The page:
Takeovers Don’t Bring Turnaround in Student Achievement

Published May 1, 1999

Taking over district leadership from an elected school board is a popular solution to urban public education ills. Mayor Richard M. Daley took over the schools in Chicago in 1995, and now Mayor Dennis W. Archer has taken over the schools in Detroit. In California, Oakland Mayor Jerry Brown may get that authority over his city’s schools, which enroll 54,000 students. In Texas, some state lawmakers have called for a state takeover of the Dallas Independent School District. In Maryland, the poor performance of schools serving 130,000 students in Prince George’s County has prompted calls for a state takeover there. Mayoral takeover is under consideration in Los Angeles, New Orleans, and Buffalo.

But do takeovers work? While CEO Paul Vallas has improved financial control over schools in Chicago, academic improvements have been modest at best. The record of school district takeovers during the past decade suggests that, while takeovers may bring immediate satisfaction by replacing an incompetent board and management team, longer-term results in terms of academic improvement are virtually non-existent.

The best example of continuing failure under new management is the 44,000-student Jersey City School District, which in 1989 was the first troubled school district in the nation to be taken over by state government. The New Jersey Board of Education booted out the elected school board and its superintendent and–after six years–began to improve test scores. But after ten years, the district’s test scores still fall well below the state average.

The story is the same three thousand miles west, where the 29,000-student Compton, California school district was taken over by the state in 1993 after a severe budget shortfall. After the district had five different state administrators in six years, a team of outside reviewers earlier this year awarded the district a D for progress, saying the school system had a long way to go before it could resume operations on its own.

“What you’ll find in looking at all the cases that have happened so far is that there has been no effect on the improvement of student achievement,” National School Boards Association Chairman Michael Preston recently told USA Today. “In other words, state takeovers are more about power, money, and control than about student achievement.”

Across the nation, 19 school districts with almost one million students in more than 1,500 schools are under state control after being taken over during the past decade.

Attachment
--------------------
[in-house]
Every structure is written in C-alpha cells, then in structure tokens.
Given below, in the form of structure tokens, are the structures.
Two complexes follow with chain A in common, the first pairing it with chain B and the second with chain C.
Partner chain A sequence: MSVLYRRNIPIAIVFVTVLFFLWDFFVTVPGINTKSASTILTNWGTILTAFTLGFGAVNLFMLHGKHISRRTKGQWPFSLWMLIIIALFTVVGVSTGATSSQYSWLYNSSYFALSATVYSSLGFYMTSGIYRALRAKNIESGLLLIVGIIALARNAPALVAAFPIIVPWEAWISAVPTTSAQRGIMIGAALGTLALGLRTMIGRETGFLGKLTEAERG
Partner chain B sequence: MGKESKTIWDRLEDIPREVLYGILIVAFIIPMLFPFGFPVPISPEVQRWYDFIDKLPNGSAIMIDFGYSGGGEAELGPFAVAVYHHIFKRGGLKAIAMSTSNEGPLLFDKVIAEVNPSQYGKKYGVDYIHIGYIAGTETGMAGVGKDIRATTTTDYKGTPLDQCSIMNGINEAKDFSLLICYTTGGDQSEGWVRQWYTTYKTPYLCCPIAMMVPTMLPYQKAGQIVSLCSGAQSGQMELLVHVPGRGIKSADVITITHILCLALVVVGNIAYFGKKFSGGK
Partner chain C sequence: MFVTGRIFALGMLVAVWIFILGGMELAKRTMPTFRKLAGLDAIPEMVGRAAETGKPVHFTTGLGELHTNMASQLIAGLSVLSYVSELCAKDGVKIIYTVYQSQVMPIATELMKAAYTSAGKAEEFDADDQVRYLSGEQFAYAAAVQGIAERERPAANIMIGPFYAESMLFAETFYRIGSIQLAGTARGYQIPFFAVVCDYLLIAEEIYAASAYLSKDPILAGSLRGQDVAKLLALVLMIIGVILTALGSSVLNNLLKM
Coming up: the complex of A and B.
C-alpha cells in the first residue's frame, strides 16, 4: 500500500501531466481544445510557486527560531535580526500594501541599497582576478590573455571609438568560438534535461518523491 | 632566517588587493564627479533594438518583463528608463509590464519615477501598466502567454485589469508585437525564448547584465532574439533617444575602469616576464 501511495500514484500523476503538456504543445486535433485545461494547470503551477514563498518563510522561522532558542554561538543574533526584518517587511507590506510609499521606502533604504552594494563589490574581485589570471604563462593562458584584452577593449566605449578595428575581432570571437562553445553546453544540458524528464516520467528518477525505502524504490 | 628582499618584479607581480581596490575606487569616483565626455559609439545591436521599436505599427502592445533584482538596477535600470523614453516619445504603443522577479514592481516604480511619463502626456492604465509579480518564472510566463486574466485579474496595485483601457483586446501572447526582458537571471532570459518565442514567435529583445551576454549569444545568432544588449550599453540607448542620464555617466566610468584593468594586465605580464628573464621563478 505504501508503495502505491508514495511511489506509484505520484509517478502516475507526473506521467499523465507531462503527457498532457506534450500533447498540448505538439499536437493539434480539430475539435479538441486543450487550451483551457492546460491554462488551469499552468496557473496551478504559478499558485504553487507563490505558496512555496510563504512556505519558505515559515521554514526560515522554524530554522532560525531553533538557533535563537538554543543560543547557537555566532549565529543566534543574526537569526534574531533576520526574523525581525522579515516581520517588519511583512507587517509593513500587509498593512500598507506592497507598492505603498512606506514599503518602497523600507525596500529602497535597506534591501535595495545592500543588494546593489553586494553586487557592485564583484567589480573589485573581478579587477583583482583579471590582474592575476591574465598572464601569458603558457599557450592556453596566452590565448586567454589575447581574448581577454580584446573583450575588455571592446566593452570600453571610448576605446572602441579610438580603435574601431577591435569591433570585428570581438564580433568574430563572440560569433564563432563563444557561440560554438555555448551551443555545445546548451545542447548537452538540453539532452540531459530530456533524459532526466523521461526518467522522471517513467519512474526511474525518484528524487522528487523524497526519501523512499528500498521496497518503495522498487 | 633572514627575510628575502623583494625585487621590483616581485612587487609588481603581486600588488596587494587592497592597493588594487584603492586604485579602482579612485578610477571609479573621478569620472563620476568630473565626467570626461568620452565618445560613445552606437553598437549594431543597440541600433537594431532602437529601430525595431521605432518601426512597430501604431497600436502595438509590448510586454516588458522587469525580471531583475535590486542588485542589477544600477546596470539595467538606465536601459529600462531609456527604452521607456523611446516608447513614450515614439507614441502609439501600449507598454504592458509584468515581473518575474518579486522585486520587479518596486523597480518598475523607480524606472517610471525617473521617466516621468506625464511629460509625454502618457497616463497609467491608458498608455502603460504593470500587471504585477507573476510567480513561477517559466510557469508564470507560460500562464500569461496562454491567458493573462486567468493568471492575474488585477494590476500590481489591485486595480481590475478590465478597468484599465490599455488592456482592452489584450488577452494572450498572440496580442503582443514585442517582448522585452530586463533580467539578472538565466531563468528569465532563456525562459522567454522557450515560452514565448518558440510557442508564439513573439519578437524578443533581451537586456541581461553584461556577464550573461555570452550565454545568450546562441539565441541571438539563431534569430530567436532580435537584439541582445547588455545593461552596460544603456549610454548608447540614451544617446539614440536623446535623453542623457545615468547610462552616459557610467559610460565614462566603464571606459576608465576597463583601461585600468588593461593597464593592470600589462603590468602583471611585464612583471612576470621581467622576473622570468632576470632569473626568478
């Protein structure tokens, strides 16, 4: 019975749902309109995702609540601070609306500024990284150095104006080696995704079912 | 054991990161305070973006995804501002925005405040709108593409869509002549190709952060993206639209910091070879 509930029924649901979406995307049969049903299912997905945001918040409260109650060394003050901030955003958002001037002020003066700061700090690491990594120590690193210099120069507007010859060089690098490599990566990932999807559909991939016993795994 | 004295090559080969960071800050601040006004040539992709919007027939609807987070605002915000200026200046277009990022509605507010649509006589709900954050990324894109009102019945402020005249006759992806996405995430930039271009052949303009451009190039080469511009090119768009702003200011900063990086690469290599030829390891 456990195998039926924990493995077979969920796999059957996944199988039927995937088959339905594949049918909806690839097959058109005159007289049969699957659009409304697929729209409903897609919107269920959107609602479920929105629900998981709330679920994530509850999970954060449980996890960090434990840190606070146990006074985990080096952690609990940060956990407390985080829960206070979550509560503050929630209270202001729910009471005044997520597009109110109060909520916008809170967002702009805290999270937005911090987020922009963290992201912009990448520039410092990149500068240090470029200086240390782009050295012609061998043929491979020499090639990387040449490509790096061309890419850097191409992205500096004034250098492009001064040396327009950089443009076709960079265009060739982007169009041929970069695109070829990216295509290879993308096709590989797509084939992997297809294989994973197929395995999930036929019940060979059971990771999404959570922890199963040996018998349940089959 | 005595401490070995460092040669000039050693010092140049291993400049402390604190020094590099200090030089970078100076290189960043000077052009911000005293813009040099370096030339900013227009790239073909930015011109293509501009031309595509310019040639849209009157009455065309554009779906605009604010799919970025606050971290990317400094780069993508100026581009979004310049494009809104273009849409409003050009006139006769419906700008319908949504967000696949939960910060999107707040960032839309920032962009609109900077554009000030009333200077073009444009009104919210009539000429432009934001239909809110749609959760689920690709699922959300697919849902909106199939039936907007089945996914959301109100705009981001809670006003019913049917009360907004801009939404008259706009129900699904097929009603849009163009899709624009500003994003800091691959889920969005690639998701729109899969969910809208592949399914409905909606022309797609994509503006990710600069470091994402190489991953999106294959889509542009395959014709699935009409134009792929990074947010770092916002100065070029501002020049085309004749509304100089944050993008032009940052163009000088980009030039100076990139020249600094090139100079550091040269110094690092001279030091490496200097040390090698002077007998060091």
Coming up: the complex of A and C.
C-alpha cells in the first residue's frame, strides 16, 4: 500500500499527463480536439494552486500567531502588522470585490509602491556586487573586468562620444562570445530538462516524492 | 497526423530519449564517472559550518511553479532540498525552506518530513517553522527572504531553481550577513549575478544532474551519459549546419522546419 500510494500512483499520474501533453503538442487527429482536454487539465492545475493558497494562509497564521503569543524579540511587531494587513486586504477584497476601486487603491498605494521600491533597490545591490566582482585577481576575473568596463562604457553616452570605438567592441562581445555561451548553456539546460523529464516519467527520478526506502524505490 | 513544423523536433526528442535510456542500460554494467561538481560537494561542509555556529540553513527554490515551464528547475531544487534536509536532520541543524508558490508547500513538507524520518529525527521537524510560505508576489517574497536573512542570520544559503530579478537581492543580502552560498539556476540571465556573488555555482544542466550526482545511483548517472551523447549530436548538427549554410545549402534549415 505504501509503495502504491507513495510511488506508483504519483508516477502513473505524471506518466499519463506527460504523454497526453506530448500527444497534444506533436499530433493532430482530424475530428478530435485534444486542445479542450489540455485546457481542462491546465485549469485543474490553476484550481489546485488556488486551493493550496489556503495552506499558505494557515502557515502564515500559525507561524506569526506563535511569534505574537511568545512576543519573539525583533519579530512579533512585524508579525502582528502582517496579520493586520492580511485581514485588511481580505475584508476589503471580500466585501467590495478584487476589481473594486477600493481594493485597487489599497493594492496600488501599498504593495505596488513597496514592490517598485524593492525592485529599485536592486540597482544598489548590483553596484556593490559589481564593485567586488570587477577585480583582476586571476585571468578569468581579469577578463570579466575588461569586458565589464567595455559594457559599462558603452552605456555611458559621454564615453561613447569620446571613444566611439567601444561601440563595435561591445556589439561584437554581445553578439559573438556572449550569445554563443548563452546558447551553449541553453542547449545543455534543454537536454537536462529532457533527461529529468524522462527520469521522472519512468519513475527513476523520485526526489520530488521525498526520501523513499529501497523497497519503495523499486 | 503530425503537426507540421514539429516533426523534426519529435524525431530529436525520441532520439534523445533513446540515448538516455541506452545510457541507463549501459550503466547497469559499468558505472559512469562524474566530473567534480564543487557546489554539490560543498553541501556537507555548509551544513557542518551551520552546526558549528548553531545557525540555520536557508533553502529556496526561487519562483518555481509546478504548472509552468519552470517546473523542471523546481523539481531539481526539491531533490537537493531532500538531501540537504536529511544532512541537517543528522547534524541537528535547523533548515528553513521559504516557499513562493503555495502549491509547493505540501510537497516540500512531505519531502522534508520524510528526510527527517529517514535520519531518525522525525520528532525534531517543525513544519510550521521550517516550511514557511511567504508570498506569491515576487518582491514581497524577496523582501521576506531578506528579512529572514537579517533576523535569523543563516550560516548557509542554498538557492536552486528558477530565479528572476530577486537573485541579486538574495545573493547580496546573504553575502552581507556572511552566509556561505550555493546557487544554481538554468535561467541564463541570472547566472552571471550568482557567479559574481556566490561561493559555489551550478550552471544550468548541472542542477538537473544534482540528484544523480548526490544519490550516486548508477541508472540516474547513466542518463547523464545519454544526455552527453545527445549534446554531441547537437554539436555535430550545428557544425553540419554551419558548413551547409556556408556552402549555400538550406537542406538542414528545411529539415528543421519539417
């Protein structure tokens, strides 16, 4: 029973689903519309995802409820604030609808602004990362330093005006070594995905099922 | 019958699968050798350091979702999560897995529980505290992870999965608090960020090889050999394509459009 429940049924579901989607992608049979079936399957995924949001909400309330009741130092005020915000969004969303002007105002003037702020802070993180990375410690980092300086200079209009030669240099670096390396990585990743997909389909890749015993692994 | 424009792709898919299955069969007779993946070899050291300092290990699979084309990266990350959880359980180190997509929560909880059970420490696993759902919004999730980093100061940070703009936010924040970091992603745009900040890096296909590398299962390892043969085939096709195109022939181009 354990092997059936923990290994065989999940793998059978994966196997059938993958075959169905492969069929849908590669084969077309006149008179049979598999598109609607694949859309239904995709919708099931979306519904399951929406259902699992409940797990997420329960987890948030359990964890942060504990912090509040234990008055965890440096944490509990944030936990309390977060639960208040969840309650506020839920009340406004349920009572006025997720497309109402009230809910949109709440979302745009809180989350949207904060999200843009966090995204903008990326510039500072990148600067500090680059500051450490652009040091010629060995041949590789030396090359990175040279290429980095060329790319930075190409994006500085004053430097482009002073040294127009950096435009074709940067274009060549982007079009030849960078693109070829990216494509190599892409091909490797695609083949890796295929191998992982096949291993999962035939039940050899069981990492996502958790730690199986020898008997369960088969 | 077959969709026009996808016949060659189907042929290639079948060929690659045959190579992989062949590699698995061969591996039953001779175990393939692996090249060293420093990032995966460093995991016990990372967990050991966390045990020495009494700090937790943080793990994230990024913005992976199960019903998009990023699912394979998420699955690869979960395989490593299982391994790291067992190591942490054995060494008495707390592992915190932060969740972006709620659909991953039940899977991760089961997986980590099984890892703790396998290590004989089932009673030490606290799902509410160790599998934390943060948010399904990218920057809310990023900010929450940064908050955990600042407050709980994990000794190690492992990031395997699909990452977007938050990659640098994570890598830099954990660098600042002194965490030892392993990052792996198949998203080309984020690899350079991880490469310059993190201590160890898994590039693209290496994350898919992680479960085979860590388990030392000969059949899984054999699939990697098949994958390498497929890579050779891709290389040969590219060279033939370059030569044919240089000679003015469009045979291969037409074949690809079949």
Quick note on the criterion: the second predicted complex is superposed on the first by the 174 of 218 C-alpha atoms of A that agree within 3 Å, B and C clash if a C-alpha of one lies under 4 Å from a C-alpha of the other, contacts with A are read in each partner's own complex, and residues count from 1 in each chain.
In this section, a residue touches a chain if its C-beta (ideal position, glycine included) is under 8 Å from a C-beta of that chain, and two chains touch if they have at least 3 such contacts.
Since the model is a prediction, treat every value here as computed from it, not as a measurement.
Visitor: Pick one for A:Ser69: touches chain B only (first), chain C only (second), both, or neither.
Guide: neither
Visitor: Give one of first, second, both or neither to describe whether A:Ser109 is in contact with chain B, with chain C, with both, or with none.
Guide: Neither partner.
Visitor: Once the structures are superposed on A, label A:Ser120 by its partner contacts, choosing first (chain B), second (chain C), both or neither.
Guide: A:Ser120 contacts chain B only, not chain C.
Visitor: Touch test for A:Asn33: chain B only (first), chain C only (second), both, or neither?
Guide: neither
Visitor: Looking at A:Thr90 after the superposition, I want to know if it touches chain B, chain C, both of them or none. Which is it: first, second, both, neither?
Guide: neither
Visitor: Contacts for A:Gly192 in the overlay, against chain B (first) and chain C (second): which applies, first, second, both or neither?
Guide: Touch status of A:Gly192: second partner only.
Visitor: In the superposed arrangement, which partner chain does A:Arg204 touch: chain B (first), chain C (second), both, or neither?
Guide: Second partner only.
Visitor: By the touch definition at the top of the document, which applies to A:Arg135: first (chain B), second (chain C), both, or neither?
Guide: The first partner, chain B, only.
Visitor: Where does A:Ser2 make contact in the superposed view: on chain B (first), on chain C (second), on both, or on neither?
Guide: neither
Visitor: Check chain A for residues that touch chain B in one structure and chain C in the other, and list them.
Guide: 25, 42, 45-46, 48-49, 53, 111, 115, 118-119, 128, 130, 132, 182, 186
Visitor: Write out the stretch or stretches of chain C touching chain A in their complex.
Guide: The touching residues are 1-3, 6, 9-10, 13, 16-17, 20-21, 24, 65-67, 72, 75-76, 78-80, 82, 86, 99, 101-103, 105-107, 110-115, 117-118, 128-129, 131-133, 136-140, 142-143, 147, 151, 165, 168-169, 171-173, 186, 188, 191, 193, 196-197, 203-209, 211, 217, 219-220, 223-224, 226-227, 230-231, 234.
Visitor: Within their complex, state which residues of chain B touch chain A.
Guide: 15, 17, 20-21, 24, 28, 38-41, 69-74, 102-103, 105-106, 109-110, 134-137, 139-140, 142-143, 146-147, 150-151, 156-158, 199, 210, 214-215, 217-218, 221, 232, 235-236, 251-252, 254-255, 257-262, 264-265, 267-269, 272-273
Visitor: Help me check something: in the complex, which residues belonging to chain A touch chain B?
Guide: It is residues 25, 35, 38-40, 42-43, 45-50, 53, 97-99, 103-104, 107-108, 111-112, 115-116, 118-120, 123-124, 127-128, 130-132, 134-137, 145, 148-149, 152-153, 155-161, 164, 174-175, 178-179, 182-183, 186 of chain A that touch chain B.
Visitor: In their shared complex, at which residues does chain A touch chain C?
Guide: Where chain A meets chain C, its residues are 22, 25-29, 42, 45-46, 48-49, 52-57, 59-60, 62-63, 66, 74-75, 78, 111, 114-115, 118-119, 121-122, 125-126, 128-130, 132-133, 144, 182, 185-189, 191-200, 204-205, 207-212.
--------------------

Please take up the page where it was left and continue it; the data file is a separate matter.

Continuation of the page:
Taking Over Failing School Districts
Year State District Students Schools Takeover Action
1988 Kentucky Pike County 12,029 32 State superintendent of education given OK to take control of schools.
1989 Massachusetts Chelsea 4,763 11 Legislature passed law allowing Boston University to run the district on a long_term contract.
1989 New Jersey Jersey City 31,666 37 State officials took over, charging district administrators with patronage in hiring and other violations.
1991 Massachusetts Boston 63,293 123 State abolished the elected Boston School Committee and gave Boston’s mayor the power to appoint committee members.
1991 New Jersey Paterson 23,408 35 State officials took charge.
1992 West Virginia Logan County 7,464 27 State officials took over the district after years of poor management.
1993 California Compton 29,000 ? State took over in the wake of a severe budget shortfall.
1994 Illinois East St. Louis 12,964 29 State appointed a three_member panel to clean up financial and academic problems.
1994 Kentucky Letcher County 4,391 15 State officials assumed control.
1995 District of Columbia Washington 79,802 186 Congress created a financial control board, which appointed a new superintendent and school board.
1995 Illinois Chicago 412,921 555 Legislature gave control of schools to mayor.
1995 New Jersey Newark ? ? State officials assumed control.
1995 Ohio Cleveland 74,380 131 State shifted control to Cleveland’s mayor.
1996 Texas Wilmer_Hutchins 3,837 8 State appointed a management team to run the district.
1997 Connecticut Hartford 23,791 35 Governor appointed a new school board.
1997 Maryland Baltimore 109,980 180 State legislature entered into a partnership with the city of Baltimore to run the schools.
1998 Kentucky Floyd County 8,144 20 State superintendent appointed three board members to the county school board, which then voted to accept a state takeover.
1998 Massachusetts Lawrence 11,355 17 State entered joint selection process for new superintendent and opened an office to oversee operations.
1998 West Virginia Mingo County 6,551 25 State officials took over the district, citing budget deficits and low student achievement.
Total     968,472 1,552
Source: The Education Commission of the States
Copyright 1999 USA TODAY, a division of Gannett Co. Inc.

George A. Clowes is managing editor of School Reform News.